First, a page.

Disclosure and conflict of interest. Privileged information or ideas obtained through peer review must be kept confidential and not used for personal advantage. Reviewers should not consider manuscripts in which they have conflicts of interest resulting from competitive, collaborative, or other relationships or connections with any of the authors, institutions, or organizations associated with the manuscript.

The Toolbox's primary purpose is to provide practical strategies for improving teaching and learning. Articles on a variety of topics related to classroom instruction are welcome, including those focusing on faculty–student relationships, principles and practices of effective course design, active-learning strategies for face-to-face venues, applications of digital technology to face-to-face and online venues, alternative strategies to assess student learning, and strategies and techniques for meeting the learning needs of diverse student populations. The Toolbox does not publish product endorsements, textbook reviews, pure theory or opinion pieces, or articles without practical application. Submitted manuscripts undergo editorial review.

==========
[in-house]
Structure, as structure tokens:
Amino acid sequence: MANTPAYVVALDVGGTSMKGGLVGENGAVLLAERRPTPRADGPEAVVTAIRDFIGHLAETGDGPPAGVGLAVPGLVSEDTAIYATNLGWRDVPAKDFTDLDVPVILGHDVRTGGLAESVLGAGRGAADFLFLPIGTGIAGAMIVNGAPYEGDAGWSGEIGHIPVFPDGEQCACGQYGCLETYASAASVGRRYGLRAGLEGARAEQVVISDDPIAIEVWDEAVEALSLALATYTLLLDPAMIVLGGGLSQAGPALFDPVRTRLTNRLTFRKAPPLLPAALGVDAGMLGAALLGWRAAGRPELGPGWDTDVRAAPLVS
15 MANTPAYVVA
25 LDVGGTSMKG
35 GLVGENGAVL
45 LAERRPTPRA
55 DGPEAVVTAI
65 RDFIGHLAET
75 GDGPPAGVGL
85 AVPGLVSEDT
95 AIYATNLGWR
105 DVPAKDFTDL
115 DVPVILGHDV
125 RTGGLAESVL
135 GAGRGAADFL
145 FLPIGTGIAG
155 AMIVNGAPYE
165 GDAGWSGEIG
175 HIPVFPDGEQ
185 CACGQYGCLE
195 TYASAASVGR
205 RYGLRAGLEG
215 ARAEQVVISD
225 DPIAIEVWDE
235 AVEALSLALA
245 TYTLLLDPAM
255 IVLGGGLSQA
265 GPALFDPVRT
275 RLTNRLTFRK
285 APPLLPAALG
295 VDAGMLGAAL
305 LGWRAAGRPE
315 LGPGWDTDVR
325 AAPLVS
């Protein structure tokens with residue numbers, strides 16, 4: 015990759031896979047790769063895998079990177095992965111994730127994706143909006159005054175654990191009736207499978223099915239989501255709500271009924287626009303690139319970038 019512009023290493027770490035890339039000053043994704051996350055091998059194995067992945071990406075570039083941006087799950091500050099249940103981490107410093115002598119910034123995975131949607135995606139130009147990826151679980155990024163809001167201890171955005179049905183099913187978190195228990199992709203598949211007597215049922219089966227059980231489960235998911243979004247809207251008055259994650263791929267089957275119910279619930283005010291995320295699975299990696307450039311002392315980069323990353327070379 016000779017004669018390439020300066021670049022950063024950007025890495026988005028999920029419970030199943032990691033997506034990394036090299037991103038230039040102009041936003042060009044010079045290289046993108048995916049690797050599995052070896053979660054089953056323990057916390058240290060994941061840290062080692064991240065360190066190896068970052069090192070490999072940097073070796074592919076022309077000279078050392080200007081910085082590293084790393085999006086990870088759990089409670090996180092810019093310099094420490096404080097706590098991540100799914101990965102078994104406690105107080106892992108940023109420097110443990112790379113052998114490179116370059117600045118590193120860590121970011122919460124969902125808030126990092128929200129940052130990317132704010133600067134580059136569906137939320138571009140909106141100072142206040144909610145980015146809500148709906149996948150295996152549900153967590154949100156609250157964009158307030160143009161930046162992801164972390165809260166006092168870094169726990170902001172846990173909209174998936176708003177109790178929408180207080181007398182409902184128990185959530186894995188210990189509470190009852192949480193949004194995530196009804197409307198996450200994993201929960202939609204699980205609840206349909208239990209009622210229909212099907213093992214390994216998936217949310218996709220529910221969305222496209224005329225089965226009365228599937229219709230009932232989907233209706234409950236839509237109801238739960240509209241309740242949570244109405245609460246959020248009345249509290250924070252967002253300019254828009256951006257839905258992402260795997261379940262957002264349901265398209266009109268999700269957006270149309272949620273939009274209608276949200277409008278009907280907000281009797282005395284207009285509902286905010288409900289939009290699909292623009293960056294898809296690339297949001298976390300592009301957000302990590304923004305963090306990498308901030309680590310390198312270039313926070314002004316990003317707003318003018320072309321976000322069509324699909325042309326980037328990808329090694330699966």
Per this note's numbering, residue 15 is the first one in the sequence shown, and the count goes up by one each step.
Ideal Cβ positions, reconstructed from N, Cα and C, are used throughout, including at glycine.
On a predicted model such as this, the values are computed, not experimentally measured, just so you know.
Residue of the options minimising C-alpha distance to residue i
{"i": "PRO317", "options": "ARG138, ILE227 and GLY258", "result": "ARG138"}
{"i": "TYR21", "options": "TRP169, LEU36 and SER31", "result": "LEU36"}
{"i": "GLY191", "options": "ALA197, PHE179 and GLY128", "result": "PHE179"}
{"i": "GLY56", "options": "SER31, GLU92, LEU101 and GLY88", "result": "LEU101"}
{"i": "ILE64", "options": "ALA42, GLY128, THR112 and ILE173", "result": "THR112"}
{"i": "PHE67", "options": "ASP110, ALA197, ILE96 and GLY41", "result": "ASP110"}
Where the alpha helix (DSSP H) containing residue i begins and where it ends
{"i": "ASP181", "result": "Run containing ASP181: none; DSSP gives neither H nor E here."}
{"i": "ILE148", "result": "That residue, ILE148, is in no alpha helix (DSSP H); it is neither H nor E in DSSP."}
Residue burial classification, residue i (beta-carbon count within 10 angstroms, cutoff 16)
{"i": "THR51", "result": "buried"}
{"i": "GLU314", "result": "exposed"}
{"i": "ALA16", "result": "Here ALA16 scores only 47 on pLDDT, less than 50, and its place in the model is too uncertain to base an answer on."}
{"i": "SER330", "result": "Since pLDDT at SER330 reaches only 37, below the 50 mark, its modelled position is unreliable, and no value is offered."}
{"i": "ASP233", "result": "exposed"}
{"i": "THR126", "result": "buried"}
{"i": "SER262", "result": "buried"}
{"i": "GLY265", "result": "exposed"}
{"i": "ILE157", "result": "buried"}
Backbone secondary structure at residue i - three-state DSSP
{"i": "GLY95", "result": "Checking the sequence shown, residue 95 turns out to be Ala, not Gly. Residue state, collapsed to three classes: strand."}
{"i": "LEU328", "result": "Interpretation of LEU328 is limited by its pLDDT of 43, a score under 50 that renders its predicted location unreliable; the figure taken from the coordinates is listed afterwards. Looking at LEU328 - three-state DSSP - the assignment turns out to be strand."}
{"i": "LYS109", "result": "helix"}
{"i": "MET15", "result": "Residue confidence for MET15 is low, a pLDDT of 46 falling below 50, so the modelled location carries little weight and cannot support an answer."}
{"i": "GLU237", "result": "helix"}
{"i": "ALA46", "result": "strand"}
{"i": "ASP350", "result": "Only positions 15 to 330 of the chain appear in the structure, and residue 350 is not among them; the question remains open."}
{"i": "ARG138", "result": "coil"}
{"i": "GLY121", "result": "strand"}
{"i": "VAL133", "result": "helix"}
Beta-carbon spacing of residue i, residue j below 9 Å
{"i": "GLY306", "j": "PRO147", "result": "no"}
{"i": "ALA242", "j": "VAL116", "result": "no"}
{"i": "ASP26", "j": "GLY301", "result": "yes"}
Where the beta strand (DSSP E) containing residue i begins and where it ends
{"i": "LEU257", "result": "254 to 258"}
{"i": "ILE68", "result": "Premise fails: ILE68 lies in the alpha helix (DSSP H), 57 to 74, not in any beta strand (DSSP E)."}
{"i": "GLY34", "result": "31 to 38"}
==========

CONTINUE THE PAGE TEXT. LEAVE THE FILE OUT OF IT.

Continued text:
Expectations for Editors

Publication decisions. The editor is responsible for deciding which of the manuscripts submitted to The Toolbox will be published. The editor will evaluate manuscripts without regard to the authors' race/ethnicity, gender/gender identity, sexual orientation, disability status, religious belief, national origin, citizenship, or political philosophy. The decision will be based on the merits of the manuscript including importance, originality, clarity, and relevance to the publication’s scope. Current legal requirements regarding libel, copyright infringement, and plagiarism will also be considered. Authors can expect that initial disposition on manuscripts will be made within two (2) months of submission.